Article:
1928 newspaper article re the Seaman’s Bethel (courtesy Newspapers.com).

Moby Dick Mast Article

Divided back, used postcard. Postmarked October 3, 1909 from New Bedford, Mass. Publisher:  The Metropolitan News & Publishing Co., Boston, Mass. and Germany. No. G 15 121. Made in Germany.

Note:  At the time of this posting, surprisingly, no other postcards of the same view are showing up online.

Price:  $15.00

Sources:  New Bedford, Massachusetts. n.d. https://en.wikipedia.org/wiki/New_Bedford,_Massachusetts. (accessed October 25, 2015).

Chartier, Roger. “St. Helena Restaurant – Cafe…” WhalingCity.net. (Web accessed October 25, 2015.)

“Moby Dick” Mast In Tars’ Pulpit Must Be Torn Down. Emporia Gazette. 19 Jan 1928. Thur, p. 6. (Newspapers.com)

Stone Bridge Cottage, Tiverton, Rhode Island

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Stone Bridge Cottage was a popular hotel and restaurant which later became known as Stone Bridge Inn. The Inn appears to have survived as an establishment at least until August or September of 1976, according to a newspaper ad for the Inn as a musical venue to include buffet lunch and champagne. The open, roofed porch that encircled the building would later have been enclosed. According to authors Nancy Jensen Devin and Richard V. Simpson, the building shown here in this 1909 postcard would have been the third structure, described as,  “…a large, wood-shingled, two-and-a-half story hotel occupying a corner lot at the east end of what was once the Stone Bridge….The once-fashionable resort catered to vacationers and travelers for almost two centuries.”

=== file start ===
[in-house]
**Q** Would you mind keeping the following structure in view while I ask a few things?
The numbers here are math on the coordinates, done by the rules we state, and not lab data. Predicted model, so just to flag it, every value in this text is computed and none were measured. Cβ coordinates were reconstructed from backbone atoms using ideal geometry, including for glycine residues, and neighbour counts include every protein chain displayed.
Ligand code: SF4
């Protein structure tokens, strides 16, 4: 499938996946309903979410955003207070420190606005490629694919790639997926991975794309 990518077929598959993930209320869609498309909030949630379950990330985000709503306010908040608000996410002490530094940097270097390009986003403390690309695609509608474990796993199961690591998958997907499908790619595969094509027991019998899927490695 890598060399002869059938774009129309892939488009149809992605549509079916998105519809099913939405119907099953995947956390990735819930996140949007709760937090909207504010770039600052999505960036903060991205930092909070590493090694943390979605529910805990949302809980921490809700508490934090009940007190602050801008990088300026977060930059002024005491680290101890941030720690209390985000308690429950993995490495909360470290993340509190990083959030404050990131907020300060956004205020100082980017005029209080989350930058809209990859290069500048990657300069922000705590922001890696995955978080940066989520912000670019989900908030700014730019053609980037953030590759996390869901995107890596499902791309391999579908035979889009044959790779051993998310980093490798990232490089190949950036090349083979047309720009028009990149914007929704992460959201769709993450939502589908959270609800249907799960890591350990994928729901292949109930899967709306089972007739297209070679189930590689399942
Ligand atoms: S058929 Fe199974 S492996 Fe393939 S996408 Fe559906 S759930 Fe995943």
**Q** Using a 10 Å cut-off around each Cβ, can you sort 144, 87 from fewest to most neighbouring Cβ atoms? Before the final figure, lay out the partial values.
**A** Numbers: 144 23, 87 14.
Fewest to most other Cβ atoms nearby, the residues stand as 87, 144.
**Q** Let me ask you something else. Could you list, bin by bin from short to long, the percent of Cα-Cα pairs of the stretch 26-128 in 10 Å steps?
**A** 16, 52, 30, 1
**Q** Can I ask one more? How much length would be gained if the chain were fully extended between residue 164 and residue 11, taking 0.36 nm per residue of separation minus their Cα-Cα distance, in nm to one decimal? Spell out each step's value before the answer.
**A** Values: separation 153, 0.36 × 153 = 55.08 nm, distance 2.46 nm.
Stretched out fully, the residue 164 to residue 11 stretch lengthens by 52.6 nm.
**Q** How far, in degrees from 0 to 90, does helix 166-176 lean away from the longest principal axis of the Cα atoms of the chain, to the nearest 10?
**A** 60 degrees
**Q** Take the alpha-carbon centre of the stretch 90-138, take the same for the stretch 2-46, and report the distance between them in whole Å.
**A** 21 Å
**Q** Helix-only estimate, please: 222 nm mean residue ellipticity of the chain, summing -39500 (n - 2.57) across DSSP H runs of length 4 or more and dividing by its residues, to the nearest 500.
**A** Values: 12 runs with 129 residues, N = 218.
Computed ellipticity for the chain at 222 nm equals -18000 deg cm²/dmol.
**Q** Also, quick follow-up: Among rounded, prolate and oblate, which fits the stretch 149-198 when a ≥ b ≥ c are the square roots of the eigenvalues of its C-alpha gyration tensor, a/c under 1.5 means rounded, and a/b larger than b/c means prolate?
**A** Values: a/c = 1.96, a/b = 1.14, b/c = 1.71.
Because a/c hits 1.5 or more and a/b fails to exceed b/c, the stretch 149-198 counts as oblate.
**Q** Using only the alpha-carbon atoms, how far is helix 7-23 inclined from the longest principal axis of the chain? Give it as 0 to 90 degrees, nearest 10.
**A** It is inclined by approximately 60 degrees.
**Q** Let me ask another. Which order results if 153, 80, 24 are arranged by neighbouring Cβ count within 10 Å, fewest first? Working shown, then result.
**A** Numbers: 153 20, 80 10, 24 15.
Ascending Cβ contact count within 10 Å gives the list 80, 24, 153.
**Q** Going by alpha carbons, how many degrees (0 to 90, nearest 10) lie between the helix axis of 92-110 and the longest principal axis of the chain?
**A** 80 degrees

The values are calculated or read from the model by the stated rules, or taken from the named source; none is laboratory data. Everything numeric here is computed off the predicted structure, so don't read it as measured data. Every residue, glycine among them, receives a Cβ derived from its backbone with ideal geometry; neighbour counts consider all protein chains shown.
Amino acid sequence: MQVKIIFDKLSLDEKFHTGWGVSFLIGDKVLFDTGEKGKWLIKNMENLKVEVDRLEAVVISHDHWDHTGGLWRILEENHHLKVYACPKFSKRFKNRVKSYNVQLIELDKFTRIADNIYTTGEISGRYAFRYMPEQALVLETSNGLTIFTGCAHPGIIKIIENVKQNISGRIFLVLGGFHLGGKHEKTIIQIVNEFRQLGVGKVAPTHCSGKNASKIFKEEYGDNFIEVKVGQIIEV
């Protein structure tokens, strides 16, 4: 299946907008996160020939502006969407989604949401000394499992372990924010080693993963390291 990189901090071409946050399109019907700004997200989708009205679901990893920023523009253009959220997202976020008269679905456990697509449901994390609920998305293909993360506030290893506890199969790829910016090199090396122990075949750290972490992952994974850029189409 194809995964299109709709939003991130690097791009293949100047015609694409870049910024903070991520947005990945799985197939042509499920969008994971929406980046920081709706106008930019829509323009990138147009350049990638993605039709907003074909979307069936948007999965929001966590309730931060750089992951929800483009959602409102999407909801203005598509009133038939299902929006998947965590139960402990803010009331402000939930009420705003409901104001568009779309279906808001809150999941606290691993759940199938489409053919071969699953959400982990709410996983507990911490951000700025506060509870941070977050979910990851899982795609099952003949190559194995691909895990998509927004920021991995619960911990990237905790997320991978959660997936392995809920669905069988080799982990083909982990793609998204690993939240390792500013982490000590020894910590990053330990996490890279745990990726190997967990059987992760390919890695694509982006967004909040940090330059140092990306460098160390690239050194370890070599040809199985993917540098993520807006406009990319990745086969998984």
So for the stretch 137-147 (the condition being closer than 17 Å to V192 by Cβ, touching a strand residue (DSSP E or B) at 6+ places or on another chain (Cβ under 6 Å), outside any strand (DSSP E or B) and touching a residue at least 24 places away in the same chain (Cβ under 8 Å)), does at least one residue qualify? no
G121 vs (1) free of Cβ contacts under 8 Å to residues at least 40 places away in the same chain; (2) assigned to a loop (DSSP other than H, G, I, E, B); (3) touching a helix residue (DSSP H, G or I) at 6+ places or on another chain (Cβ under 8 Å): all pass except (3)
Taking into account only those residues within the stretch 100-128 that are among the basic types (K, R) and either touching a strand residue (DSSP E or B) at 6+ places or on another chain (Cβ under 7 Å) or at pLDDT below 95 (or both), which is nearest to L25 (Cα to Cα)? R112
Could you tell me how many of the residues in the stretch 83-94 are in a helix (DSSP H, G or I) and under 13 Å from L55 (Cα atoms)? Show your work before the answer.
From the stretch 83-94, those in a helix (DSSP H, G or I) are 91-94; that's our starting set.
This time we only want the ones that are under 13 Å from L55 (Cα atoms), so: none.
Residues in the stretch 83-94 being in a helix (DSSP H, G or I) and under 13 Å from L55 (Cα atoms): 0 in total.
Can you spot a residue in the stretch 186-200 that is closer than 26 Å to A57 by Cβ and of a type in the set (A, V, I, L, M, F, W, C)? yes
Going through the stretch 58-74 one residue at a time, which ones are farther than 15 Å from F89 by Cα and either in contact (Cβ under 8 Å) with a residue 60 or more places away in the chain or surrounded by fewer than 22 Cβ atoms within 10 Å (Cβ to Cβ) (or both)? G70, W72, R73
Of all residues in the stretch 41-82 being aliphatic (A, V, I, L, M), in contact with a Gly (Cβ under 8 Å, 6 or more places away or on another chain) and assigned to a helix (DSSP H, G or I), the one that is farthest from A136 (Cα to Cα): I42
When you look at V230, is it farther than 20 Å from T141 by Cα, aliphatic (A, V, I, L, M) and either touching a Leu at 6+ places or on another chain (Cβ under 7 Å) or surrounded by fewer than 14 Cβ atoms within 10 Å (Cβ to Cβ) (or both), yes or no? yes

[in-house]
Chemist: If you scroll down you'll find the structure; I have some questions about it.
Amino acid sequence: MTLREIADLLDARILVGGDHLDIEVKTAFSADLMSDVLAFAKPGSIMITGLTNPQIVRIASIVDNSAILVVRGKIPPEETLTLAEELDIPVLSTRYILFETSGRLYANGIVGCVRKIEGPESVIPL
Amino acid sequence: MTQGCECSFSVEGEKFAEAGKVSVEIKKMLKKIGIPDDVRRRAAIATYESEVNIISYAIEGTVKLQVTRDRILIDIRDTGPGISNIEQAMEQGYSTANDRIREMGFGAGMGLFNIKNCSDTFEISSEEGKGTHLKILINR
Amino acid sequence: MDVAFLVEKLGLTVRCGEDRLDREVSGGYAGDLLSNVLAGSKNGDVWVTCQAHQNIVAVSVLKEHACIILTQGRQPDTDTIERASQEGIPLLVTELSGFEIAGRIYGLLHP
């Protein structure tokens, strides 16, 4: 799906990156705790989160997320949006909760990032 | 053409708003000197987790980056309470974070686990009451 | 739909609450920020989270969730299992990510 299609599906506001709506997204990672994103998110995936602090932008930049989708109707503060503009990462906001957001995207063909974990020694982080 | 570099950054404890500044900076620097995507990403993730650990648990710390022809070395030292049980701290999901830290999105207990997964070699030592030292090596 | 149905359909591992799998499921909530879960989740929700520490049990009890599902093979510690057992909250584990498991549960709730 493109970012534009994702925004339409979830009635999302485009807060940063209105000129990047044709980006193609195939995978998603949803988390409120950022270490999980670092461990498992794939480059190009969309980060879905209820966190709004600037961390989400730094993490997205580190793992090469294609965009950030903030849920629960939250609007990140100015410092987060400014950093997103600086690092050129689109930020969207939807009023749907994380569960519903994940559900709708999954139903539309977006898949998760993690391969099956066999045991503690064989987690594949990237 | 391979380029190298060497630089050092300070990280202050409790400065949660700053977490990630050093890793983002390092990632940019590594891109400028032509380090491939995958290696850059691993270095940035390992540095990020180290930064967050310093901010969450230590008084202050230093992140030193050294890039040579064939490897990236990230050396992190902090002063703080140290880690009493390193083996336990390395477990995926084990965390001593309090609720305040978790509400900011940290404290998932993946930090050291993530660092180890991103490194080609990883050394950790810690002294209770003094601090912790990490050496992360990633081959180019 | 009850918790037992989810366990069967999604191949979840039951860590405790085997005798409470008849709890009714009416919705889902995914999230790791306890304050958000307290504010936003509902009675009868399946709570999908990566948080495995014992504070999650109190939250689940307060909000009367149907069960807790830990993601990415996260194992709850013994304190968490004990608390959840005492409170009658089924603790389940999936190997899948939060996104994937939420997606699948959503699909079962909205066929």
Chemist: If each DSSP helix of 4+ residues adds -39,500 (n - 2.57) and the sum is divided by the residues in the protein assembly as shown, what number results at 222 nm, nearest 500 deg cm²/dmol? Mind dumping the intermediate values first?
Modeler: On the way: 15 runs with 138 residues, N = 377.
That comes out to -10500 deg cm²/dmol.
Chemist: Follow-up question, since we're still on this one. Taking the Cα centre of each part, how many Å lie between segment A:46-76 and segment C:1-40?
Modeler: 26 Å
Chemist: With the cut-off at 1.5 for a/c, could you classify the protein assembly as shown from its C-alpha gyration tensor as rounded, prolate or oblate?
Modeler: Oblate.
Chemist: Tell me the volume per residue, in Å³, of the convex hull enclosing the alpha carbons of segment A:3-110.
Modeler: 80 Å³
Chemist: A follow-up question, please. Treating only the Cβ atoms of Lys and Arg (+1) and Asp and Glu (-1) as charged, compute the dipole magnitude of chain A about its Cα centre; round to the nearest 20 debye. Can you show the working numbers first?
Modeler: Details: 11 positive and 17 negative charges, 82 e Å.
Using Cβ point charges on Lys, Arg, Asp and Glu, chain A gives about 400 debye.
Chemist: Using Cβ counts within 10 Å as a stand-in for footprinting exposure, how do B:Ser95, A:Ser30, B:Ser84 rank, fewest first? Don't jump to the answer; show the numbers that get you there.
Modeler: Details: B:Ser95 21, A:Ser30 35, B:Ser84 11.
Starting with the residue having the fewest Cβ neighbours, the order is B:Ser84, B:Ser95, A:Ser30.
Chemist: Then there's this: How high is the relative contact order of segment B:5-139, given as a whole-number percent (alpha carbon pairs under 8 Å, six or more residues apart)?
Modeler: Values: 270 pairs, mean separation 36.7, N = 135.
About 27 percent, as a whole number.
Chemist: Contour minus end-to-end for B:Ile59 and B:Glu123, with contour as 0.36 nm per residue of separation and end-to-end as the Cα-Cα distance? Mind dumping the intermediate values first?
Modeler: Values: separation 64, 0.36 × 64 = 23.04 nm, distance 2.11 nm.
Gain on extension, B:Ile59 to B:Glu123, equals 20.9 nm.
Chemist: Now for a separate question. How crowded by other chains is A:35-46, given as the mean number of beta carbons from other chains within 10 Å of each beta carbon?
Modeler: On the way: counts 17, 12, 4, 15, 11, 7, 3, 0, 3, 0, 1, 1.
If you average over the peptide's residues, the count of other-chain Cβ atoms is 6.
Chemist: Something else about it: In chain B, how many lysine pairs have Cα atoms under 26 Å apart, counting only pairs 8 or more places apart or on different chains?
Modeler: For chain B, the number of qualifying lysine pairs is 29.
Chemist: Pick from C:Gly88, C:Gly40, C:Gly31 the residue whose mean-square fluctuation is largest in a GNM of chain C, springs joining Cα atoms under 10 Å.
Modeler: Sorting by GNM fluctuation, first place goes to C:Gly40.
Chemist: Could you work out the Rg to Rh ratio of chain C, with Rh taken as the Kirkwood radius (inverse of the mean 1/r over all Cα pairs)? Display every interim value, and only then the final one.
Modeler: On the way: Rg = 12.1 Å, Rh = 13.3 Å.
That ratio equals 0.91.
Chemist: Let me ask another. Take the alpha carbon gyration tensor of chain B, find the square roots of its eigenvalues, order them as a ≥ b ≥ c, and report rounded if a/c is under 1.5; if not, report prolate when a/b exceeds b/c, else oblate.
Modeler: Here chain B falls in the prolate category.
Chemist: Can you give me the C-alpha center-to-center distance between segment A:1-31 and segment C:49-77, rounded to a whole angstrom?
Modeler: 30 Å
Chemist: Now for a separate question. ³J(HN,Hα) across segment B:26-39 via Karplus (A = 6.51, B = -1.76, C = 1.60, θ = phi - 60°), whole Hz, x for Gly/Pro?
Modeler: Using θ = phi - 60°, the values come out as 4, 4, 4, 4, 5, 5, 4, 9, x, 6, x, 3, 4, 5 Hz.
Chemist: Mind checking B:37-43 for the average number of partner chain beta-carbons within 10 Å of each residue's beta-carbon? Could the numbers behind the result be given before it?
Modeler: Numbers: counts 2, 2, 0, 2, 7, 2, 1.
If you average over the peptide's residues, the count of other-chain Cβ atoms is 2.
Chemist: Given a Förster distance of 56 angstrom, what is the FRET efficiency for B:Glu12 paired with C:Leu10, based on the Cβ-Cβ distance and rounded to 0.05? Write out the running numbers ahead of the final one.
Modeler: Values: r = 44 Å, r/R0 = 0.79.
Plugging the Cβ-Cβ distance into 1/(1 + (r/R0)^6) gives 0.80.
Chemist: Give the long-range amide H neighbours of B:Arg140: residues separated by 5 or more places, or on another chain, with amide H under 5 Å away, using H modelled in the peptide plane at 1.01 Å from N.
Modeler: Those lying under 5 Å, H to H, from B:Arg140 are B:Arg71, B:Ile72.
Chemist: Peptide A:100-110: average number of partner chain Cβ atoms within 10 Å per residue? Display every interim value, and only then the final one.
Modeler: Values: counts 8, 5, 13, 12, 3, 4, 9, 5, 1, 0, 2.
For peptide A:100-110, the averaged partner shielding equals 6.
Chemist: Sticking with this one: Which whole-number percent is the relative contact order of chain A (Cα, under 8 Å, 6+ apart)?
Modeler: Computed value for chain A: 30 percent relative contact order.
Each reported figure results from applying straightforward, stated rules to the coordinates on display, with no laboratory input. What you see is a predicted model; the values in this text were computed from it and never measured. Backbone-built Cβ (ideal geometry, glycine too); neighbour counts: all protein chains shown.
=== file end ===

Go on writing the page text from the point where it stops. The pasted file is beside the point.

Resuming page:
The first in The Cunha Family Collection:  This card was sent by Miguel S. Cunha, presumably a relative of the addressee. Two of the three are written in Portugese (and if anyone can translate them we’d surely appreciate it.) The translation is difficult due to the sender’s handwriting, and the possibility of misspelled words or even a change in spelling over the years. This one appears to be about someone named Mathes going (or who was going) to California with (or to see?) Miguel’s brothers, and something regarding a letter being sent to Miguel’s father? Also, someone named Jose Antonio is mentioned.